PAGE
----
Light-emitting diodes enhanced by localized surface plasmon resonance.

Gu X, Qiu T, Zhang W, Chu PK - Nanoscale Res Lett (2011)

Enhanced emission efficiency, Purcell factor, and PL spectrum of the sample. These are shown as red dashed line, blue solid line, and black dotted line, respectively. Nearly 100% emission efficiency can be obtained at around 440 nm; however, this does not perfectly match the emission peak. Reproduced from [18]. Copyright Nature Publishing Group, 2004.
© Copyright Policy - open-access
Related In: Results  -  Collection

License
Show All Figures
getmorefigures.php?uid=PMC3211255&req=5

Figure 1: Enhanced emission efficiency, Purcell factor, and PL spectrum of the sample. These are shown as red dashed line, blue solid line, and black dotted line, respectively. Nearly 100% emission efficiency can be obtained at around 440 nm; however, this does not perfectly match the emission peak. Reproduced from [18]. Copyright Nature Publishing Group, 2004.
Mentions: where ηint represents the original IQE. Figure 1 shows the wavelength-dependent η*int, Purcell factor, and the emission spectrum of their sample. It is clear that greater enhancement can be obtained at shorter wavelengths (~440 nm). However, this wavelength does not perfectly overlap the GaN/InGaN emission peak, leaving space for better enhancement. In fact, the SPP resonant energy must be in the vicinity of the emission energy in order to achieve the best enhancement. This rule has since been verified by other experiments [20-23]. Hence, only a small subset of LEDs can be enhanced via SPP/emitter coupling because the SPP resonant frequency of a metal film cannot be easily tuned. Another challenge is that the metal film is typically opaque, thereby making light extraction from the metal side of the device difficult. It has been shown that light can be effectively extracted from the metal side by exploiting the surface plasmon cross-coupling effect, but incorporation of the appropriately scaled nanostructures is necessary [24,25].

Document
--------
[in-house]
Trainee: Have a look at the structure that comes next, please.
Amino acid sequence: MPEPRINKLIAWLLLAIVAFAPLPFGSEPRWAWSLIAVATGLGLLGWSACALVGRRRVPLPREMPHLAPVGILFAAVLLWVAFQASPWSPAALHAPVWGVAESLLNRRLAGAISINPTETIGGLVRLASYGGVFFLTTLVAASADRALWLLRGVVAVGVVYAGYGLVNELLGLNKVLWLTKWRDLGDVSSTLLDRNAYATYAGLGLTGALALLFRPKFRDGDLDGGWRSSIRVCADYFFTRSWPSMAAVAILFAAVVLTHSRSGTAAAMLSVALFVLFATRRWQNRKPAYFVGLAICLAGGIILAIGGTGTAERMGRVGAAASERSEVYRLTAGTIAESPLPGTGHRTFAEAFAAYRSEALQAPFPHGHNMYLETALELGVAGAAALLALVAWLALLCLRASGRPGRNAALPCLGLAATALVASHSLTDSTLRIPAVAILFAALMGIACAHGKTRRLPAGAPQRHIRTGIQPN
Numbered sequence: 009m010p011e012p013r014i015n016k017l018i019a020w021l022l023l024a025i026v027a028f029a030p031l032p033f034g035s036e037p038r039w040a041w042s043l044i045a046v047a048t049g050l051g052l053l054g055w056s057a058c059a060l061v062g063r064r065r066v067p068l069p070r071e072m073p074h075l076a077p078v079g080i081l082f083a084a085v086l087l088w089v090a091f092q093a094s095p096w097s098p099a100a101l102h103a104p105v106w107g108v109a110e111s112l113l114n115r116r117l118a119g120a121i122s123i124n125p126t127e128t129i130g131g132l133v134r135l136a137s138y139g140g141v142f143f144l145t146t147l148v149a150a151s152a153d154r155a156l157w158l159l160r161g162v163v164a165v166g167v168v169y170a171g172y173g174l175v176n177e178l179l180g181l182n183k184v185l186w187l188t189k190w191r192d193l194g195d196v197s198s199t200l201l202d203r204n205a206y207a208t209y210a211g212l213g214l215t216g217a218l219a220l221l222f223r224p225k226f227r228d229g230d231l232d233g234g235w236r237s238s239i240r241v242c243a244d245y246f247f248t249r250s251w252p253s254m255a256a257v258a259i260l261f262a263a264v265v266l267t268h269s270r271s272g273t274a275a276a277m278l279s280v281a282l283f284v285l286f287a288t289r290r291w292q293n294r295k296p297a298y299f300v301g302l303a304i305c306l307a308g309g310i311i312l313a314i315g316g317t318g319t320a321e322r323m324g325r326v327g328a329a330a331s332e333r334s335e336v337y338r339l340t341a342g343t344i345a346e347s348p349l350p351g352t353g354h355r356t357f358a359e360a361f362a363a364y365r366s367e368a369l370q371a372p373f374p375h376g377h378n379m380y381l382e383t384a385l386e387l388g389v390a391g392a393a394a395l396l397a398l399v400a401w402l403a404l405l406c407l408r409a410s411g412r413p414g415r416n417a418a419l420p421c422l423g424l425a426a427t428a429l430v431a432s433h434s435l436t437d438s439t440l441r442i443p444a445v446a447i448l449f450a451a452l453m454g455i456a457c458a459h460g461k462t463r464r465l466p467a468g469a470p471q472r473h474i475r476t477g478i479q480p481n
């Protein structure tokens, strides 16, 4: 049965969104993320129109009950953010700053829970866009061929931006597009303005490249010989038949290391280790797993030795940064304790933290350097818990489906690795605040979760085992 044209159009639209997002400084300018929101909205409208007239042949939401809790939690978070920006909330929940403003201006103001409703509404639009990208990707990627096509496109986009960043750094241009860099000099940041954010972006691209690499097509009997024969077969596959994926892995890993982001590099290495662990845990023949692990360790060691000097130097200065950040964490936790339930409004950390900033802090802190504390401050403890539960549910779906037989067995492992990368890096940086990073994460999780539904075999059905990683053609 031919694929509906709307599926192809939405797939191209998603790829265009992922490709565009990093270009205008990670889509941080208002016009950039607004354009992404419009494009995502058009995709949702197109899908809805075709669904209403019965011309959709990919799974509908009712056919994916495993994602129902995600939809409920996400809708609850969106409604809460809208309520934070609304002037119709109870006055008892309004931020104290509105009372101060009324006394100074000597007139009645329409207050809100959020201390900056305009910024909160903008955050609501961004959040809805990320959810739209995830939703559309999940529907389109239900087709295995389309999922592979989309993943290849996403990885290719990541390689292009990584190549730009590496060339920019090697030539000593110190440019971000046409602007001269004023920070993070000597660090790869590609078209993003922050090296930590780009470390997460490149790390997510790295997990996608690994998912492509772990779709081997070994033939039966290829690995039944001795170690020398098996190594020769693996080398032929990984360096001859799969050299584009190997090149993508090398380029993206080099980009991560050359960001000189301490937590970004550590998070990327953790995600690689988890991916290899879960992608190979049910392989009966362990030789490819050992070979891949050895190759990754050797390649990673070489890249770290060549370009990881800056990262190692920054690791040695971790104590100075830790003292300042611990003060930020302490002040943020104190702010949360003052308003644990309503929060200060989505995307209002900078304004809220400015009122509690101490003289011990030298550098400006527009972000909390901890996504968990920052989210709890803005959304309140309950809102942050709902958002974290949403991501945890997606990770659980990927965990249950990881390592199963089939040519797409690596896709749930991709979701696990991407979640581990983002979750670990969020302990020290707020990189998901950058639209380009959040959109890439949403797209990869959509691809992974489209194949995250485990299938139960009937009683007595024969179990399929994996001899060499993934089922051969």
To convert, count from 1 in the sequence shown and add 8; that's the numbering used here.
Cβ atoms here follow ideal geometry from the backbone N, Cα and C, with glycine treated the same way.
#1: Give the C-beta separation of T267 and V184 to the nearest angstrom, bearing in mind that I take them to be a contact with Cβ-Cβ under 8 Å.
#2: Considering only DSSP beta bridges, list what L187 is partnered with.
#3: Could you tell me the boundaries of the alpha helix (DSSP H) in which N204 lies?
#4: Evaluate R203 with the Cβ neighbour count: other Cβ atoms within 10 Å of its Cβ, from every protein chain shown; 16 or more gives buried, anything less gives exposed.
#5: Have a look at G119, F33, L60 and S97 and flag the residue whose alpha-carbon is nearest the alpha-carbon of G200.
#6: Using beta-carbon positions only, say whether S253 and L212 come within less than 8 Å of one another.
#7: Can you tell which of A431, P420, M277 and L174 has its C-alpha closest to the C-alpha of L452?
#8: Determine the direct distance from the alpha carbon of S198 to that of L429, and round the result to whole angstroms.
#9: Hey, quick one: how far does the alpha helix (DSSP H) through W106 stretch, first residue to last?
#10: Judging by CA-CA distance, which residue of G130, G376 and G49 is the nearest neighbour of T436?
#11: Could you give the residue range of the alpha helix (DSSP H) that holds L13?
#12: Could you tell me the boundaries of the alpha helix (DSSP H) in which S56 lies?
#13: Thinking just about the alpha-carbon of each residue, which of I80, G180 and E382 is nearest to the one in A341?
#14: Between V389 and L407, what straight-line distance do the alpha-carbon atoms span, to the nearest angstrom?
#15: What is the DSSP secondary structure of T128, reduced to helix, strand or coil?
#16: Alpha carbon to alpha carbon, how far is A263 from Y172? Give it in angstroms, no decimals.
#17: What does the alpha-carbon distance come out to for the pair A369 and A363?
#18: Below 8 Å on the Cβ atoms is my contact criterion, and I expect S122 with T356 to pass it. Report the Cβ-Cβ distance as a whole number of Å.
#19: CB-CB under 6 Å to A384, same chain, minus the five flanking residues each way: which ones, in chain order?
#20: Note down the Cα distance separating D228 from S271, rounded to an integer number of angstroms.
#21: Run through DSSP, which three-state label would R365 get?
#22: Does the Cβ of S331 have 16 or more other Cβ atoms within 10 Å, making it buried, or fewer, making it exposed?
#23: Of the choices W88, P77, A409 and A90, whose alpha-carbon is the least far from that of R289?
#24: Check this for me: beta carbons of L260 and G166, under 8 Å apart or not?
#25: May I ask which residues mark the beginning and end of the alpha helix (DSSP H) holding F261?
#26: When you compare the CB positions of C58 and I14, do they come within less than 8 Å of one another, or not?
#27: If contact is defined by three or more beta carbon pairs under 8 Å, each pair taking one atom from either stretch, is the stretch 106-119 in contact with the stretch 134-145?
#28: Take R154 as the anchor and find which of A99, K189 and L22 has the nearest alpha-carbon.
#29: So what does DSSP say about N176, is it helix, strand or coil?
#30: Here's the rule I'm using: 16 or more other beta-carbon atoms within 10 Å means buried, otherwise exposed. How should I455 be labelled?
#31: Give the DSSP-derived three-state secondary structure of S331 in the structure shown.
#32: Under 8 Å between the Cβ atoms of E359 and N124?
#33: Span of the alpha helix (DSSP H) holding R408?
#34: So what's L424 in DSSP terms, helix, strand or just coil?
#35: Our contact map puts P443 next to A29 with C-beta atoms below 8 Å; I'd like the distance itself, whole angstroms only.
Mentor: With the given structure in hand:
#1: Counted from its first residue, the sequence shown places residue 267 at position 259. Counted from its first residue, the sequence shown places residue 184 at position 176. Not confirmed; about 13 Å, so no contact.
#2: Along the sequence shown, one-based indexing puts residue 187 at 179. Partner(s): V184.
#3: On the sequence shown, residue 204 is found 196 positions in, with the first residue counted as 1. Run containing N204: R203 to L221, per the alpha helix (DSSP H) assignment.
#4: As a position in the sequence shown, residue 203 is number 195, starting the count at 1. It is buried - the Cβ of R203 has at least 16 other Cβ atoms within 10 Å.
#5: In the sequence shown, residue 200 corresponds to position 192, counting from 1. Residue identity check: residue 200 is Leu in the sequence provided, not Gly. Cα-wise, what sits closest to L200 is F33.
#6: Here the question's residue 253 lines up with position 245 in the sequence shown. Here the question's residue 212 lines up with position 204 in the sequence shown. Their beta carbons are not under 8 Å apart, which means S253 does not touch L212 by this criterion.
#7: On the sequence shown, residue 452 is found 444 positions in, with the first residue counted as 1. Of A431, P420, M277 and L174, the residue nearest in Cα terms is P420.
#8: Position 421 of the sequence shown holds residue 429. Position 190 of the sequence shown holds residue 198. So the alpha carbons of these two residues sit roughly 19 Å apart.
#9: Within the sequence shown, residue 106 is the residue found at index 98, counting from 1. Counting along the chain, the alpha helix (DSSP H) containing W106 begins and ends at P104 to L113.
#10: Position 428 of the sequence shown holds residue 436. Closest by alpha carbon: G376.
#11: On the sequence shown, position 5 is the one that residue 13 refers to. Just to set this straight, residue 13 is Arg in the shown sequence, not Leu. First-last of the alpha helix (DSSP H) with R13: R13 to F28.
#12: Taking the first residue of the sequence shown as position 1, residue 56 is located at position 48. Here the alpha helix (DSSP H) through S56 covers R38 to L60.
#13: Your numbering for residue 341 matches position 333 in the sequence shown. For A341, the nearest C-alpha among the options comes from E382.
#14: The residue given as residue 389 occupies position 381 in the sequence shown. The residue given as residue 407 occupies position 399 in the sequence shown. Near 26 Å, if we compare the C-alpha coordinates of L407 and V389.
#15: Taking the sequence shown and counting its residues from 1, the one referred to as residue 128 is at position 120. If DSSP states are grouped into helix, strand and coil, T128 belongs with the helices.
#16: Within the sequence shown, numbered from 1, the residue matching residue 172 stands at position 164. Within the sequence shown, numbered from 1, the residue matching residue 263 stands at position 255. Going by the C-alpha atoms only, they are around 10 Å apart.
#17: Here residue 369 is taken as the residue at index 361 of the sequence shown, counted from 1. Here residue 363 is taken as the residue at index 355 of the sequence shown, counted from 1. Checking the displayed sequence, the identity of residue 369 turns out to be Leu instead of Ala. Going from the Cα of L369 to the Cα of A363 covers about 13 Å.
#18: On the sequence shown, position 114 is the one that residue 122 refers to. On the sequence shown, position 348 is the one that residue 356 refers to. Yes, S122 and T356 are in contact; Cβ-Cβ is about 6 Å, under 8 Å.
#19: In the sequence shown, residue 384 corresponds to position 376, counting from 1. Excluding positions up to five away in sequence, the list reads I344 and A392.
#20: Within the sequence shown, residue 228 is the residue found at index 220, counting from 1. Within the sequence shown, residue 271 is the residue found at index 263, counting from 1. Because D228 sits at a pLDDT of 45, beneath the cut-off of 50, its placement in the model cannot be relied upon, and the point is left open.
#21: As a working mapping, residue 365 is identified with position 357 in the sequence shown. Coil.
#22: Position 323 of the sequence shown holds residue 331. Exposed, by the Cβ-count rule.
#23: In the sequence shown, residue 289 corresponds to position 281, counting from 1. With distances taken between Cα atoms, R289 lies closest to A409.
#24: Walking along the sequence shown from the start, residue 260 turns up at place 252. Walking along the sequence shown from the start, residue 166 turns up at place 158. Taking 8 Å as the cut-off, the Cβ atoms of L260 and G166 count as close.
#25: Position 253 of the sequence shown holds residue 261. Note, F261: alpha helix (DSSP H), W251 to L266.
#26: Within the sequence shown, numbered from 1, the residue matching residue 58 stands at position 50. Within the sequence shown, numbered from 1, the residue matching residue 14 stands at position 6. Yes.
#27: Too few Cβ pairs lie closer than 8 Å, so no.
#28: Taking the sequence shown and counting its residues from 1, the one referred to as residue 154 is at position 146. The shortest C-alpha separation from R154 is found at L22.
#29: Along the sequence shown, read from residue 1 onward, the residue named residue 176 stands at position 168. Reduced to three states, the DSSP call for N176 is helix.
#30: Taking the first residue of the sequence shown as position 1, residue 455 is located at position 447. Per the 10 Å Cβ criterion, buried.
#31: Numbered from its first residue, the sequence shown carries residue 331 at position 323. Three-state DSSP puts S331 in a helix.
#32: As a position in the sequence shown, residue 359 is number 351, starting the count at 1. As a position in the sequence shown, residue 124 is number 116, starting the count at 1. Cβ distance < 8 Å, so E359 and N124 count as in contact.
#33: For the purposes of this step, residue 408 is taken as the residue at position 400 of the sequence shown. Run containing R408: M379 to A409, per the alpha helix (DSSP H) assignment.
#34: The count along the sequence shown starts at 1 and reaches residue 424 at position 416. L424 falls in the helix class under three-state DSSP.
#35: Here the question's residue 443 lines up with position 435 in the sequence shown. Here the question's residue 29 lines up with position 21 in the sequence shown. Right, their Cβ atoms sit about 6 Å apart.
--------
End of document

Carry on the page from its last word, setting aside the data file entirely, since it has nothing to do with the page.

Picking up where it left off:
Bottom Line: The mechanism is based on the energy coupling effect between the emitted photons from the semiconductor and metallic nanoparticles fabricated by nanotechnology.In this review, we describe the mechanism of this coupling effect and summarize the common fabrication techniques.The prospect, including the potential to replace fluorescent/incandescent lighting devices as well as applications to flat panel displays and optoelectronics, and future challenges with regard to the design of metallic nanostructures and fabrication techniques are discussed.

View Article: PubMed Central - HTML - PubMed

Affiliation: Department of Physics, Southeast University, Nanjing 211189, People's Republic of China. tqiu@seu.edu.cn.

ABSTRACT
Light-emitting diodes [LEDs] are of particular interest recently as their performance is approaching fluorescent/incandescent tubes. Moreover, their energy-saving property is attracting many researchers because of the huge energy crisis we are facing. Among all methods intending to enhance the efficiency and intensity of a conventional LED, localized surface plasmon resonance is a promising way. The mechanism is based on the energy coupling effect between the emitted photons from the semiconductor and metallic nanoparticles fabricated by nanotechnology. In this review, we describe the mechanism of this coupling effect and summarize the common fabrication techniques. The prospect, including the potential to replace fluorescent/incandescent lighting devices as well as applications to flat panel displays and optoelectronics, and future challenges with regard to the design of metallic nanostructures and fabrication techniques are discussed.

No MeSH data available.